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Chapter 15 - Indigenous Australians
Indigenous people in regional and remote Australia are another group
that experience particular difficulties gaining access to banking and financial
services. Unlike older Australians, the problems derive mainly from the remoteness
of the communities and the cultural gulf that exists between financial service
providers and their Aboriginal customers.
Indigenous communities in remote Australia
Indigenous people have a disproportionately high representation in
regional and remote districts. Dr John Taylor informed the Committee that while
Indigenous people comprise only 2.4 per cent of the population they make up
more than 10 per cent of remote Australians.
In particular he cited the 1,200 or so discrete Indigenous communities of which
over 1,000 were very small and very isolated communities.
Statistics from the ABS presented in the following tables indicate the
very significant number of Indigenous communities in remote and very remote
areas of Australia. Slightly over half (52 per cent) of all discrete Indigenous
communities are located in the Northern Territory with Western Australia
accounting for the next highest proportion of 23 per cent.
(a) Includes ‘Whether community has permanent dwellings’ not
Table 15.2—Remoteness Area
of Australia, all Communities and Reported Usual Population: 2001
Population of Community
Less than 20
200 or more
Reported usual population
This chapter considers the main barriers faced by Indigenous people in
the more remote areas of Australia gaining access to banking and financial
services. It examines a number of critical issues including:
- geographical isolation and the size of the communities which
makes them unattractive prospects for financial institutions;
- obstacles to the effective use of modern technology such as
barriers to accessing existing services particularly
- inadequate telecommunication infrastructure,
- the costs of installing and maintaining equipment,
- ompetency and confidence in using the technology;
difficulties obtaining credit for home financing and home
ownership and in attracting venture capital.
- poor levels of education and literacy and financial skills,
- cultural differences including language difficulties and lack of
exposure to Australia’s business and banking world; and
Banking and financial services for Indigenous Australians
The 1,200 or so discrete Indigenous communities operate in very
difficult circumstances usually far removed from commercial opportunities and
viable labour markets. Because they face real diseconomies of isolation and are
of small scale, the communities often lack some of the most basic services
including banking and financial services.
Effectively cut off from ready access to a range of services, many
people living in remote Indigenous communities lack opportunities to improve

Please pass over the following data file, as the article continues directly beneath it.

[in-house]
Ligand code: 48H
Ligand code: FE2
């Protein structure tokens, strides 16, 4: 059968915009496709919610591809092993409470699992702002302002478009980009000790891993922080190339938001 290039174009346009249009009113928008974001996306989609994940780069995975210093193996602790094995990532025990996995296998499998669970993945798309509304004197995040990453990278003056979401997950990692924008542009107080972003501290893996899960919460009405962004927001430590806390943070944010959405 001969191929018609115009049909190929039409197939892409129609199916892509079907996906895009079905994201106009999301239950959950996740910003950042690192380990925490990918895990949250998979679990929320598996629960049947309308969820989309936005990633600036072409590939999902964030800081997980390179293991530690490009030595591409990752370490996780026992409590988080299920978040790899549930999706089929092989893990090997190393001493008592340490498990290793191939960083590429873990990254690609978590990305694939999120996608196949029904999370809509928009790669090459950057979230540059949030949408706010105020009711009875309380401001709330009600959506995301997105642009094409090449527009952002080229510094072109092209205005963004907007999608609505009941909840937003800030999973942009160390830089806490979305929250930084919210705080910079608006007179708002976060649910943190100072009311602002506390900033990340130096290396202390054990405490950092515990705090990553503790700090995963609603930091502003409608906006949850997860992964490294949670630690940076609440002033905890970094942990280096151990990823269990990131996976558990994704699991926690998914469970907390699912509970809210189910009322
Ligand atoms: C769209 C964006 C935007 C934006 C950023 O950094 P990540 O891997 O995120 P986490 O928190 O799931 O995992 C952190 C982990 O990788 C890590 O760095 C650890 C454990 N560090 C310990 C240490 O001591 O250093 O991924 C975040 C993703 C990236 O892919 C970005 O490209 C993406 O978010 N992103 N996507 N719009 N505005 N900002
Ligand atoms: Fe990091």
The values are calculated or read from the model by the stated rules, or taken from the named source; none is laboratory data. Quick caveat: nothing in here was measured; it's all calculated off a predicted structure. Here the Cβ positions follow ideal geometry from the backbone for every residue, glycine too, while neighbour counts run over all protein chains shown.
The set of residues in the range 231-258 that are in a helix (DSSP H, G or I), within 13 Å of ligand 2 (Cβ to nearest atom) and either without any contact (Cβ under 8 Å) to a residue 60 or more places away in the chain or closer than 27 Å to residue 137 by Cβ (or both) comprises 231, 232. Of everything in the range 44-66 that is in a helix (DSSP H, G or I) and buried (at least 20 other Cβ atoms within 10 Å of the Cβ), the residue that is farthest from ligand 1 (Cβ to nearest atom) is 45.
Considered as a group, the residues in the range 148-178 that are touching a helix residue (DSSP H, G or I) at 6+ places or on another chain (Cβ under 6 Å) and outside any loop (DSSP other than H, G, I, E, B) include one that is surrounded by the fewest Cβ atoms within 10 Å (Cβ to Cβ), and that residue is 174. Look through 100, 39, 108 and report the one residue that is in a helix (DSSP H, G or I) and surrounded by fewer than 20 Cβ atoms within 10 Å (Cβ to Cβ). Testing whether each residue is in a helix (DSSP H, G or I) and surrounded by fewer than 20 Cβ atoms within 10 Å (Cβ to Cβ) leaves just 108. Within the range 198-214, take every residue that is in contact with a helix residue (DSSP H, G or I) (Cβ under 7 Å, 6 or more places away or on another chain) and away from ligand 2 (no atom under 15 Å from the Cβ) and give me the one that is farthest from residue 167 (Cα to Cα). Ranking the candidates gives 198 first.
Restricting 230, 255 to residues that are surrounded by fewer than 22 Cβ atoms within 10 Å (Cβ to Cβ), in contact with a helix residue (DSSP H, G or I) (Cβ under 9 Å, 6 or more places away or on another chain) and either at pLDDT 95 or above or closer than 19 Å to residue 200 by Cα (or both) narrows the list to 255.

their social and economic wellbeing. Professor Altman told the Committee:
The current reality is that Indigenous
people are disproportionately represented in such regions, are generally
relatively poor in cash income terms and are often welfare dependent. They
almost invariably live in very small communities where there are often no
consumer banking services and where individuals lack access to electronic and
phone banking options that most Australians take for granted. Inevitably,
absence of such basic services further marginalises people who are already
most economically vulnerable.
Indeed, many studies support the findings that Indigenous Australians,
especially among those living in rural and remote areas, are socioeconomically
disadvantaged when compared to other Australians particularly in the principal
areas of health, education and employment.
It should also be noted that there is no single Australian Aboriginal consumer,
with over 230 different language groups in Australia.
Indigenous people in remote Australia require special attention to
assist them overcome the disadvantages of isolation and the hardships they
experience because of the lack of basic services. Reconciliation Australia
Indigenous people, because of comparably low levels of financial
and technological literacy, as well as low levels of education and English
proficiency, have an even greater reliance on face-to-face services. It is no
surprise, then, that one of the major demands of Indigenous people in relation
to banking and financial services is that services be provided on a personal
Yet, it is these very people who find access to banking and financial
services most difficult.
It should be noted, as emphasised by Dr Taylor, that many of the remote
Indigenous communities have never had banking.
He stated that of 1,200 communities, there are 854 with a population of fewer
than 500 which do not have a store or an administrative building where
facilities such as EFTPOS and ATMs could be housed. Their combined population
totals almost 17,000 persons. So the current situation reflects not so much a
withdrawal of services but an endeavor to have services in place for the first